Decreased libido is defined as a low desire, drive, or motivation for any type of sexual activity, as well as the lack of sexual fantasies or thoughts.
Narrowing it down to a singular cause is difficult since there can be several intersecting mental and physical factors that contribute, including:
Fluctuating hormones & physical factors:
As hormone levels shift and ultimately decline during the menopausal transition, so too can interest in sex. Interesting fact: Testosterone, the main hormone of desire, is an androgen that typically peaks in your 20s and steadily declines throughout the menopause transition, playing a major role in low libido.
Another result of hormone changes? Vaginal dryness. Because here is the thing: without sufficient estrogen and testosterone supply, vaginal tissues aren’t as moist as they once were, which leads to…you guessed it…dryness. A technical – and somewhat outdated – term for this is atrophy of vaginal tissues (a more updated and comprehensive term is “genitourinary syndrome of menopause” or, the more pronounceable acronym, GSM). Upwards of 30% of women experience it in perimenopause, and 75% postmenopause. With dryness comes painful or uncomfortable sex as well as weakened arousal and orgasm — and let’s be real: that’s not the kind of sex anyone would want to have (or should be having), which at least partly explains the low libido.
Leave it to Dr. Rosemary Basson, Director of the University of British Columbia’s Sexual Medicine Program, to prove to the world that there’s no one single reason people choose to have sex. Departing from traditional thinking, Dr. Basson created the circular, more complex model shown below, which acknowledges that a whole slew of relationship factors affect one’s willingness and ability to participate in sex. It also acknowledges that desire can be either responsive or spontaneous, and come before or after arousal. And while orgasm may contribute to satisfaction, it is not (we repeat, not) necessary for it. Oh, and you can totally enter the cycle at different points, too.
Emotional & behavioral factors:
Fatigue, stress, mood swings, relationship hurdles, and struggles with body image are things many, if not all, women experience during their lifetime. Nothing revolutionary there. But many of us don’t realize just how important of a role these emotional and behavioral factors play when it comes to intimacy, which is closeness and connectedness with a partner, either physical, emotional, or both. Intimacy is often the trigger needed for sexual desire and arousal in women.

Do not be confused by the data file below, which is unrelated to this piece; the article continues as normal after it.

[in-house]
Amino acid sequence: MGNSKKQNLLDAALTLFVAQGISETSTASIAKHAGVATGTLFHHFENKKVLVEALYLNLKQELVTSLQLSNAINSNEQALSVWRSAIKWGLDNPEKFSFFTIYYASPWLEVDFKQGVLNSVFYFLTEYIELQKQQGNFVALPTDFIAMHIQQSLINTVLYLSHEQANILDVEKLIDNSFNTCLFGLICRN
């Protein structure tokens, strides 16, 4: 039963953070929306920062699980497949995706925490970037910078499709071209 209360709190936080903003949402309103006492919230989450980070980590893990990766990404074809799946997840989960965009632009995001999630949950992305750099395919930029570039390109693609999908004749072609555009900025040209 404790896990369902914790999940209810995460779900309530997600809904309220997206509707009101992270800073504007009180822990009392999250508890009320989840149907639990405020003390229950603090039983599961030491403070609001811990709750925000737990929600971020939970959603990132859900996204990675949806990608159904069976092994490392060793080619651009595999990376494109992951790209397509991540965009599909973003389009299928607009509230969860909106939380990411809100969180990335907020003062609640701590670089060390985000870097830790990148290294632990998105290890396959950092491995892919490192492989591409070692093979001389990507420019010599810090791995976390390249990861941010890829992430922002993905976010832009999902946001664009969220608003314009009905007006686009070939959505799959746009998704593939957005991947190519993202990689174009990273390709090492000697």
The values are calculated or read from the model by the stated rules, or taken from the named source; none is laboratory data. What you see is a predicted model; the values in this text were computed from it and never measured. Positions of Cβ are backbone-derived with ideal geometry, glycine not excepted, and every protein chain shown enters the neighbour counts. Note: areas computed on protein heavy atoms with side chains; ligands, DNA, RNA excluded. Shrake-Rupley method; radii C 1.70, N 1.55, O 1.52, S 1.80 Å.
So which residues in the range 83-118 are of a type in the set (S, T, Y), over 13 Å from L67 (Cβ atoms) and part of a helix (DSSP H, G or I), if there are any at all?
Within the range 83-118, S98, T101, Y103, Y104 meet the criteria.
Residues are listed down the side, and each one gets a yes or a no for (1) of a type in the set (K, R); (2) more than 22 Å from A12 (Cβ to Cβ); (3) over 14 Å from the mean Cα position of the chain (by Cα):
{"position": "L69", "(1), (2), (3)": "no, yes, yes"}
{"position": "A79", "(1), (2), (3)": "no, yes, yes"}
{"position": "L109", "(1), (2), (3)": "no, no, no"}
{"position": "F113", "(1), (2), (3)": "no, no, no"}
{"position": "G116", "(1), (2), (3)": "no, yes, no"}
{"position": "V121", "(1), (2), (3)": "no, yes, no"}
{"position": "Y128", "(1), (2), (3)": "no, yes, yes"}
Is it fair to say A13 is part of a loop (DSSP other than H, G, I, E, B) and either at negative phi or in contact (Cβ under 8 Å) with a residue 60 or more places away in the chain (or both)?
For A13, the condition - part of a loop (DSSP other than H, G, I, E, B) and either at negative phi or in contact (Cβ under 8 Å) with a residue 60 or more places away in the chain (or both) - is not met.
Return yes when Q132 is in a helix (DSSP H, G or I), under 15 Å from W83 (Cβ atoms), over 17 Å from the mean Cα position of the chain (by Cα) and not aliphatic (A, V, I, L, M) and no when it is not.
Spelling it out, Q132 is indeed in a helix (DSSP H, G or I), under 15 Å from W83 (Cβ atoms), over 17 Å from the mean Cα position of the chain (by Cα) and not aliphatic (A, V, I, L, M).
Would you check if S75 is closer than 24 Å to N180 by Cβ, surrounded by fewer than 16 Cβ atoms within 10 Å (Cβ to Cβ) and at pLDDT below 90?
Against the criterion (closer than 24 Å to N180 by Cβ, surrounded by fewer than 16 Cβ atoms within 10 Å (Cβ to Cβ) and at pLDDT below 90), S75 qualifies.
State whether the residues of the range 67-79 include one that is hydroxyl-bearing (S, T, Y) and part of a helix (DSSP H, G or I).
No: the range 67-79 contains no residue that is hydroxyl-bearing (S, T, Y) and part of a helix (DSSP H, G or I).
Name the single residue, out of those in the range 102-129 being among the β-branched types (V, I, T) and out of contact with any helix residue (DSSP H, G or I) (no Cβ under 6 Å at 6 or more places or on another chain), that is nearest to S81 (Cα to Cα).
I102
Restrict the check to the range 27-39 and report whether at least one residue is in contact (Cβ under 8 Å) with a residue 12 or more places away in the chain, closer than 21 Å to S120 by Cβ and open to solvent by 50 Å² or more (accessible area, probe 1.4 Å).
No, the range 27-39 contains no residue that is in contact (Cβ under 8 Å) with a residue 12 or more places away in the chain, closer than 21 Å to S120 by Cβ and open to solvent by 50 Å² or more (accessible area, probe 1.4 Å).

Without emotional intimacy, the chances of sexual desire are slim. And without sexual desire, there’s no sexual activity. And repeat, and repeat.
Also worth noting is the fact that certain medications, specifically antidepressants and those used to treat heart disease and diabetes, can contribute to a decrease or loss of libido. Even some over-the-counter medications such as antihistamines (are you taking Claritin all spring?) can cause dryness and, in turn, low desire.
In some cases, low libido that persists for at least six months, negatively affects your life, and is not due to another co-existing medical/psychiatric condition or medication is diagnosed as Hypoactive Sexual Desire Disorder (HSDD). While prevalence rates vary, research suggests that HSDD affects 10% of adult females — meaning you’re 100% not alone.
Your healthcare provider may recommend FDA-approved medications, herbal supplements, and/or behavioral modifications to manage HSDD symptoms (more on that below).
Dr. Anna Barbieri, MD
Pro tip #1
A few things to keep in mind when it comes to sexual health...sex does not require a partner and does not exclusively mean intercourse. Intimacy with yourself is *just* as important as partnered sex — and it’s healthy, too! Masturbation relieves built-up stress, helps you sleep better, boosts your mood, helps you relax, relieves cramps...we could go on and on. We’ve highlighted some of the best tools out there to help you achieve all of these benefits.